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cat peeing on clothes

post #1 of 18
Thread Starter 

My 1 1/2 year old cat is peeing on all my clothes.  It doesn't matter if they are clean or dirty clothes; if they are on the floor for more than a day she is going to pee on them.  I have changed her to a special urinary tract food to see if that was the issue.  What can I do but not spend millions on every different cat liter and/or vet?  She is a good cat, very loving but does not like to sit on people's lap.  She eats well and goes bathroom everyday.  PLEASE HELP! I am at the end of my rope!

post #2 of 18
Simply keep clothes up off the floor wink.gif

Has she actually been seen/tested for a uti at the vets?
post #3 of 18

You know, crumpled clothes on the floor are rather soft and "diggable".... I wonder if there's something about them that makes her prefer to "dig" in the clothes rather than in her litter? There's litter out there that has a cloth-like texture to it. I don't know exactly what, but I did see it used once for a cat who'd been spayed; it was this fluffy stuff that might have been made of shredded newspaper or something. Maybe somebody will come along and tell us what that kind of litter is. But anyway, maybe your cat likes to dig in clothes?

 

Suggest you pick up all clothes for a while (buy a hamper for bedroom and bathroom so it's easier for you to rmember), while changing the litter to something more clothing-like.

 

Is your kitty spayed? She's female, but females have been known to mark. Sometimes a cat will mark clothes to try to mark you as "Mine". It's worth a shot; anyway, she's already over a year old and it's way past time, if she hasn't been.

post #4 of 18
Thread Starter 

Just to clarify I am not leaving clothes all over my house like some pig, I have a hamper, what she is doing is peeing on clothes that fall out of the hamper or are folded ready to be put away or in a bin in our closet. 

post #5 of 18

We all have a few things that eventually end up on the floor ;-)

 

Is your cat spayed/neutered?  When I first brought my adult cat home, she was not spayed, and she marked EVERYTHING!!!  It was a mess.  After having her spayed, not one 'incident' has occurred.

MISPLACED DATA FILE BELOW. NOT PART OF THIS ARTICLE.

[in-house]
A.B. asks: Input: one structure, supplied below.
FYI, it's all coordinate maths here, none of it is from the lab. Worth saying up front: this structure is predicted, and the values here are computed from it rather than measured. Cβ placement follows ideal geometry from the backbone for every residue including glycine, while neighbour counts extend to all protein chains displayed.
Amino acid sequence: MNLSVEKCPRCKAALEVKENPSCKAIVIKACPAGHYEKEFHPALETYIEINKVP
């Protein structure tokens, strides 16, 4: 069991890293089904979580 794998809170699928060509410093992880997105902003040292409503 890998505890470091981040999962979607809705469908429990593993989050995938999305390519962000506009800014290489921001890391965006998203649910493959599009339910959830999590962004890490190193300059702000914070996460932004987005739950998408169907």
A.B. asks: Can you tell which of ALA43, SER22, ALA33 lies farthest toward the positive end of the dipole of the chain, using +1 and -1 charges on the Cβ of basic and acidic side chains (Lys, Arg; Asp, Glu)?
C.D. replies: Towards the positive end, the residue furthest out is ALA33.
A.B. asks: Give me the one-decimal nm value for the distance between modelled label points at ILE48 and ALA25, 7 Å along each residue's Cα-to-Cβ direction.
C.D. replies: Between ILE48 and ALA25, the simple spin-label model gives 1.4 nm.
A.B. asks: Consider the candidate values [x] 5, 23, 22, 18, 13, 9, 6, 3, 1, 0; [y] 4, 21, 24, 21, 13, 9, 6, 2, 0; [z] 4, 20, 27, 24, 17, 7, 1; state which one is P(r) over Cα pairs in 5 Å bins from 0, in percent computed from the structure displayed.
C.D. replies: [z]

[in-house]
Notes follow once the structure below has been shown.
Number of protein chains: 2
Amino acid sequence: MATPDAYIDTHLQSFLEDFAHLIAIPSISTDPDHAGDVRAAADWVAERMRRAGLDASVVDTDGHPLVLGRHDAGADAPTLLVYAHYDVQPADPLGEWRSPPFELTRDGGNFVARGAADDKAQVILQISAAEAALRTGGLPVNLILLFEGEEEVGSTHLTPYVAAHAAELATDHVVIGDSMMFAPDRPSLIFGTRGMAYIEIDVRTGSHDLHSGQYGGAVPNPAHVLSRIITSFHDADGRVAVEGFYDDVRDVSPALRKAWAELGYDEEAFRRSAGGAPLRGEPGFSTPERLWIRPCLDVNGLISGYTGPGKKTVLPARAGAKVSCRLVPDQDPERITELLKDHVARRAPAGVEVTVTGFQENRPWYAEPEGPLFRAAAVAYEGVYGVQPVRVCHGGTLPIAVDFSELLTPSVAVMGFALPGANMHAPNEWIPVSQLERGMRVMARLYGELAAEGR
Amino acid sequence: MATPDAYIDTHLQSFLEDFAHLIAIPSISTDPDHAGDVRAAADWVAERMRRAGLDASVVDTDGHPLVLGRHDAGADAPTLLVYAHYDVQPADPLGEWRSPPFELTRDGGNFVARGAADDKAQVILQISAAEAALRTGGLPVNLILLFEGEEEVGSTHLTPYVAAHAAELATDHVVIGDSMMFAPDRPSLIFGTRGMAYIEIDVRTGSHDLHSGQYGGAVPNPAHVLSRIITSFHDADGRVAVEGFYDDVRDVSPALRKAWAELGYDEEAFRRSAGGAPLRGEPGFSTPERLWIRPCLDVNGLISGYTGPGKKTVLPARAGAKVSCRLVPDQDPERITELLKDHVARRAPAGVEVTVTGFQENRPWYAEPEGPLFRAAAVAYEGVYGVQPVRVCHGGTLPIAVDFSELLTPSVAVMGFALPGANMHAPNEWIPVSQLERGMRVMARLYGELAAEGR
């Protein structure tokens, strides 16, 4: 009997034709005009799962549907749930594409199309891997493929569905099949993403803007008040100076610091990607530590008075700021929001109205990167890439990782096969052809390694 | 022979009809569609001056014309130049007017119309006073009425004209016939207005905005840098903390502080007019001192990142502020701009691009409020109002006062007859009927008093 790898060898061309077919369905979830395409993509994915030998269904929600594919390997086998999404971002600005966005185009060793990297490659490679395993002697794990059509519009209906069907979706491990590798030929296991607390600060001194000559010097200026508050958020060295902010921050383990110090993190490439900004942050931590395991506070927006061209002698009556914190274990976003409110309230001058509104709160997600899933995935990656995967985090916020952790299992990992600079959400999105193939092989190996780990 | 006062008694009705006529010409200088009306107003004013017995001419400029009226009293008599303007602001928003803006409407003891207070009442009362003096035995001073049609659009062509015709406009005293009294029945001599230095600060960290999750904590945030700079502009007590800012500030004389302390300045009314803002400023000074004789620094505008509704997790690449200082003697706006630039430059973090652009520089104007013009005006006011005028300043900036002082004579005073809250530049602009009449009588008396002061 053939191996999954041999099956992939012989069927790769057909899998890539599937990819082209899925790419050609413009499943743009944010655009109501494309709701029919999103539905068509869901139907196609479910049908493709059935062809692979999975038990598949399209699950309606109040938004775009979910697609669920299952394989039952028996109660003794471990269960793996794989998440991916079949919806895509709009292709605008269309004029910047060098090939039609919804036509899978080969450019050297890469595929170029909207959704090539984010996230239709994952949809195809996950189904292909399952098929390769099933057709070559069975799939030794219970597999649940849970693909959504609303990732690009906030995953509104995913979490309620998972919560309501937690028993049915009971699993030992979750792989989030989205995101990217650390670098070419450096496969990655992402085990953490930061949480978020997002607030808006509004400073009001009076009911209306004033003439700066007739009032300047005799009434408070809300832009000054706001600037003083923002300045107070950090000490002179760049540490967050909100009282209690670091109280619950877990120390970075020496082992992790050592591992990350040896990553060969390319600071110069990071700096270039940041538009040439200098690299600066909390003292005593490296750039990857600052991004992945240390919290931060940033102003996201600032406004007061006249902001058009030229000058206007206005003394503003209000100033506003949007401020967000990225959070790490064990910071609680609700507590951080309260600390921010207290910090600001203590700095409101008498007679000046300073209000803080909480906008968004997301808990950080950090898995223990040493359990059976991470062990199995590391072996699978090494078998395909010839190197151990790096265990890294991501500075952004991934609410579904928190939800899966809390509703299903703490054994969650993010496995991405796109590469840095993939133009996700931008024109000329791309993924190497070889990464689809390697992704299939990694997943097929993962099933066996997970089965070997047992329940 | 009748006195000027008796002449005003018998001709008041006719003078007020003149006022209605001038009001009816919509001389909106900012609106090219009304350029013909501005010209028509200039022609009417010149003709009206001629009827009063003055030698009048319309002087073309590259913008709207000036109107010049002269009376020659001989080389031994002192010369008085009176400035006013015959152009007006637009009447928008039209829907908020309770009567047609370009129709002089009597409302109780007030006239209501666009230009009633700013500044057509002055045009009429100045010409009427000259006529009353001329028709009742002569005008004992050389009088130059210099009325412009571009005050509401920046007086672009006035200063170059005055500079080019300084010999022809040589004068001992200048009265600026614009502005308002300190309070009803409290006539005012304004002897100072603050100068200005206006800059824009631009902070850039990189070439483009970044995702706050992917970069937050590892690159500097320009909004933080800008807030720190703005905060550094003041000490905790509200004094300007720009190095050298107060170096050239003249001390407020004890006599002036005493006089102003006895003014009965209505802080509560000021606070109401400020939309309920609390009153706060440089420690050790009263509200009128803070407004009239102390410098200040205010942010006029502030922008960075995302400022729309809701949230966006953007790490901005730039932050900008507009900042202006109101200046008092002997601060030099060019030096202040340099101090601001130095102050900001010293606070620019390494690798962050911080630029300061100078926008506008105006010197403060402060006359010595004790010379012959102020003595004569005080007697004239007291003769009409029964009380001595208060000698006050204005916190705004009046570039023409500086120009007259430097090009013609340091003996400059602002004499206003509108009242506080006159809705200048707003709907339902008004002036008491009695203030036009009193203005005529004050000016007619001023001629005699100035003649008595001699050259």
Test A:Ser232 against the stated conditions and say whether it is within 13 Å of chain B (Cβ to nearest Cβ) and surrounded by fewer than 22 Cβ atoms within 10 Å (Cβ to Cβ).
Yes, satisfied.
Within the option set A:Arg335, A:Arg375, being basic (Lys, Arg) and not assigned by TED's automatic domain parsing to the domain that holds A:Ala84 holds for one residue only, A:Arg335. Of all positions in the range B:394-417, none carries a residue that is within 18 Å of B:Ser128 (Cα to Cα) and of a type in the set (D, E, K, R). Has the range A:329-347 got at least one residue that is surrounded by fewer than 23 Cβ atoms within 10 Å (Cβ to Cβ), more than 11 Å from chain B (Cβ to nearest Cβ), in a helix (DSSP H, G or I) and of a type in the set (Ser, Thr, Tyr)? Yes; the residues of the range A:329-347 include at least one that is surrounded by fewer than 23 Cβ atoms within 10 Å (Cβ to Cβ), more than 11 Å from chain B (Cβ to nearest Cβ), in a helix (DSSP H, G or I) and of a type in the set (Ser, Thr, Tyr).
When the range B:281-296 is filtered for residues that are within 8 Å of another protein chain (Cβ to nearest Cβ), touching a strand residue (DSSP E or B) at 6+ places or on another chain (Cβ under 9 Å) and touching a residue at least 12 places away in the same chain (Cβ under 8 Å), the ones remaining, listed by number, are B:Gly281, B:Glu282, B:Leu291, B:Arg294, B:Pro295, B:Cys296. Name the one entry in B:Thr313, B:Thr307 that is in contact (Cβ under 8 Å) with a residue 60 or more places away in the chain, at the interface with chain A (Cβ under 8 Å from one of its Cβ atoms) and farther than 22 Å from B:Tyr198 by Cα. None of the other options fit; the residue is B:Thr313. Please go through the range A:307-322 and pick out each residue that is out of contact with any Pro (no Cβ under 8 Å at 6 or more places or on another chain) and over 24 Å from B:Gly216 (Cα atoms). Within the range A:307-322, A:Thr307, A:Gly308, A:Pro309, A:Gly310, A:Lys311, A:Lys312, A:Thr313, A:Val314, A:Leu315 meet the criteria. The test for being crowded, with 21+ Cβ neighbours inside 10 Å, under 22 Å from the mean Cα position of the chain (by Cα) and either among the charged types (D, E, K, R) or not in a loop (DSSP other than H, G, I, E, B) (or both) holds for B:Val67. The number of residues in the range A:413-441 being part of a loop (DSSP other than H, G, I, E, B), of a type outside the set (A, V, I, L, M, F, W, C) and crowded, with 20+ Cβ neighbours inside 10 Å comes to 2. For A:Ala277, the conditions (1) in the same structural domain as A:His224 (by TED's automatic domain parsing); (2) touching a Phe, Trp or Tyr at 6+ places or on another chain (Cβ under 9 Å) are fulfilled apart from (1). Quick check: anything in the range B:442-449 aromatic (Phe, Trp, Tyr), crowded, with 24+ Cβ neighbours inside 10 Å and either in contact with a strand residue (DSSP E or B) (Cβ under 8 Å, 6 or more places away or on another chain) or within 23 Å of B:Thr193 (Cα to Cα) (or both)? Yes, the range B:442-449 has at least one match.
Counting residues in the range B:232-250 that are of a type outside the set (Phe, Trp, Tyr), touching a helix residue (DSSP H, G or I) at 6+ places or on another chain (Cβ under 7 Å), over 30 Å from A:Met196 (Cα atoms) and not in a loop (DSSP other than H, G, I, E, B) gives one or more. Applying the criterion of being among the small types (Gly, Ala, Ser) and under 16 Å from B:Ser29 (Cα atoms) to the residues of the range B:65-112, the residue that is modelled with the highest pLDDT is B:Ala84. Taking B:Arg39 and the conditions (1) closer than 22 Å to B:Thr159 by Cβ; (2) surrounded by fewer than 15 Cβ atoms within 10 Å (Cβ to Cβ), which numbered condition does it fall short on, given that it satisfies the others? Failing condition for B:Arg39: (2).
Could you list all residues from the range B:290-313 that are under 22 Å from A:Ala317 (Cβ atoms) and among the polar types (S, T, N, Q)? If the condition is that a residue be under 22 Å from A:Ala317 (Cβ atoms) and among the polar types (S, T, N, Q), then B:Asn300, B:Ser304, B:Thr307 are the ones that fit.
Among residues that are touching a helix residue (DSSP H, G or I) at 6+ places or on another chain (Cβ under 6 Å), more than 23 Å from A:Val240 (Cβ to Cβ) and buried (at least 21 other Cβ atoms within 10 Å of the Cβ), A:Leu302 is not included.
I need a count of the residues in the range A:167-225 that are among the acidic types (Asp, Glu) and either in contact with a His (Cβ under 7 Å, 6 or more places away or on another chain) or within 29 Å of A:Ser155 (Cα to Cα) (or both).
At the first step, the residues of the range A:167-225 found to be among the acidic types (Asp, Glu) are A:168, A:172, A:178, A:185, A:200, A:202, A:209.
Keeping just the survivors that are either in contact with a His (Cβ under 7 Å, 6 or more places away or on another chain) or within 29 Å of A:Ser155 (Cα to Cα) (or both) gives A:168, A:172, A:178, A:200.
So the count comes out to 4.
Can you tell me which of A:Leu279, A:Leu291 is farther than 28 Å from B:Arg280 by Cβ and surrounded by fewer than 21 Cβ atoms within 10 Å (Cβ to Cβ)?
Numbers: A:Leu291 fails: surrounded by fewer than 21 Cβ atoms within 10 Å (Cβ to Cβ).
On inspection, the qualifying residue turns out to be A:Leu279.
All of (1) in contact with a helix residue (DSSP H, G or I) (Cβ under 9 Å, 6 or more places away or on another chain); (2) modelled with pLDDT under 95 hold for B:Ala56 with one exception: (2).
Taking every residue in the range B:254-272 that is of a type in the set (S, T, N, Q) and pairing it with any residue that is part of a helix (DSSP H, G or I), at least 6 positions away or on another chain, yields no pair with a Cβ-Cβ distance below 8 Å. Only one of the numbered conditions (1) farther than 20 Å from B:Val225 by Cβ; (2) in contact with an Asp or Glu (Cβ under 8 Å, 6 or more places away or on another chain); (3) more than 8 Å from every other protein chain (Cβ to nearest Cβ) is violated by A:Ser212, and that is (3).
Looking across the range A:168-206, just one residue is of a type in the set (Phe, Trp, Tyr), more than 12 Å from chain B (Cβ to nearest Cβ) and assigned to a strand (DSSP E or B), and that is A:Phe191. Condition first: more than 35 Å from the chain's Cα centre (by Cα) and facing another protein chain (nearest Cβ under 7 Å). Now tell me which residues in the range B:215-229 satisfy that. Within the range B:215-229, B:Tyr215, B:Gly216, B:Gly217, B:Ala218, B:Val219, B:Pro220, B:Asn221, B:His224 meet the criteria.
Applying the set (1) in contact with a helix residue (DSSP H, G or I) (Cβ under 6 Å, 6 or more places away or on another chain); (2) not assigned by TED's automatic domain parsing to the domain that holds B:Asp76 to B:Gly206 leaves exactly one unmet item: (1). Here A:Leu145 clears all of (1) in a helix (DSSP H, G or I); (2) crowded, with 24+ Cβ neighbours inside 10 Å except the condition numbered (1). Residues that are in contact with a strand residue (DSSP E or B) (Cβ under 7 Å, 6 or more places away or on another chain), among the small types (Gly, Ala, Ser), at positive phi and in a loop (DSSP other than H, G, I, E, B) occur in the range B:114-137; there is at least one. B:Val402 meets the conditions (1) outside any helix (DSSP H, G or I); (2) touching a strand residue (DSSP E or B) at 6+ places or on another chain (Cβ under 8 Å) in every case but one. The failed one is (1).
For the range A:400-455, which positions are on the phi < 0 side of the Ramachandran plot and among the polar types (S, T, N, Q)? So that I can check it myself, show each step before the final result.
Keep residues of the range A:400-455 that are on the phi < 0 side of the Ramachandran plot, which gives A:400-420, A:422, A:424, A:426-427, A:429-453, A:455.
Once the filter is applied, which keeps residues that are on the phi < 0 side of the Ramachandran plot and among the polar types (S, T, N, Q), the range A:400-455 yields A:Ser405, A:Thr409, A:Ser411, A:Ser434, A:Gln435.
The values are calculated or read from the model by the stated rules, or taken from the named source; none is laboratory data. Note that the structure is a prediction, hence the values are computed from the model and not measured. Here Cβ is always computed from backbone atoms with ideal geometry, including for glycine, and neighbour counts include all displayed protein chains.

post #6 of 18
Quote:
Originally Posted by tlgaglianese View Post

Just to clarify I am not leaving clothes all over my house like some pig, I have a hamper, what she is doing is peeing on clothes that fall out of the hamper or are folded ready to be put away or in a bin in our closet. 

Didn't think you were. Normally you would leave clothes around while you were waiting to fold them, when the hamper overflowed, when you were going to wear them again the next day. I usually dump my jacket on a chair instead of hanging it up "properly", and Tiny likes to lie on it because it smells like me. I think that while you re-train her, every piece of clothing should be removed to keep her from being tempted by them. Another hamper to catch the overflow could be warranted. I mean, it's probably going to be annoying; but... better than washing the clothes constantly.

 

Oh, and try a baby lock on the hamper. On the closet door, too, for that matter if the door's easy to get open and the cat's got fast paws on her.

post #7 of 18
I've never known clothes/towels on the floor to go un-peed-on in a house with cats. It seems that cloth on the floor is nearly irresistable for most cats. I learned a long time ago not to leave things on the floor if I didn't want them peed on.
post #8 of 18

Really? Wow, I guess I've been lucky; none of my cats have ever shown any tendency to pee on clothes. Nest in them, yes; and boy do I get cat hair all over my jackets; but never pee on them.

post #9 of 18
Please take her to the vet. A "urinary tract health" food off a grocery store shelf is not going to solve any health problems. She probably has a urinary tract infection, this means she needs antibiotics, which she will get at the vet. She should be on a canned diet, to prevent any recurrence, but you need to get her to the vet. UTIs don't get better on their own, they get worse. Soon the kidneys become involved.

She has no other way to tell you she is sick, so she pees on your clothes.

Please, take your little girl to the vet. Urinary tract infections HURT.

.
Edited by otto - 6/6/12 at 7:35am
post #10 of 18

I agree, Otto. I thought the OP had taken her to the vet already; but sometimes vets do miss things, especially if the problem's not severe yet when they see the cat. Her instinct to bury waste seems to be intact because she's using loose cloth instead of litter; so it could be just the litter box she connects with pain rather than an aversion to burying to begin with. So it really should be possible to find a way to get her to use the litter box again--it's not like she's a clueless kitty who hasn't got an inkling what the box is for. It's just that, for some reason, that box is unpleasant to her.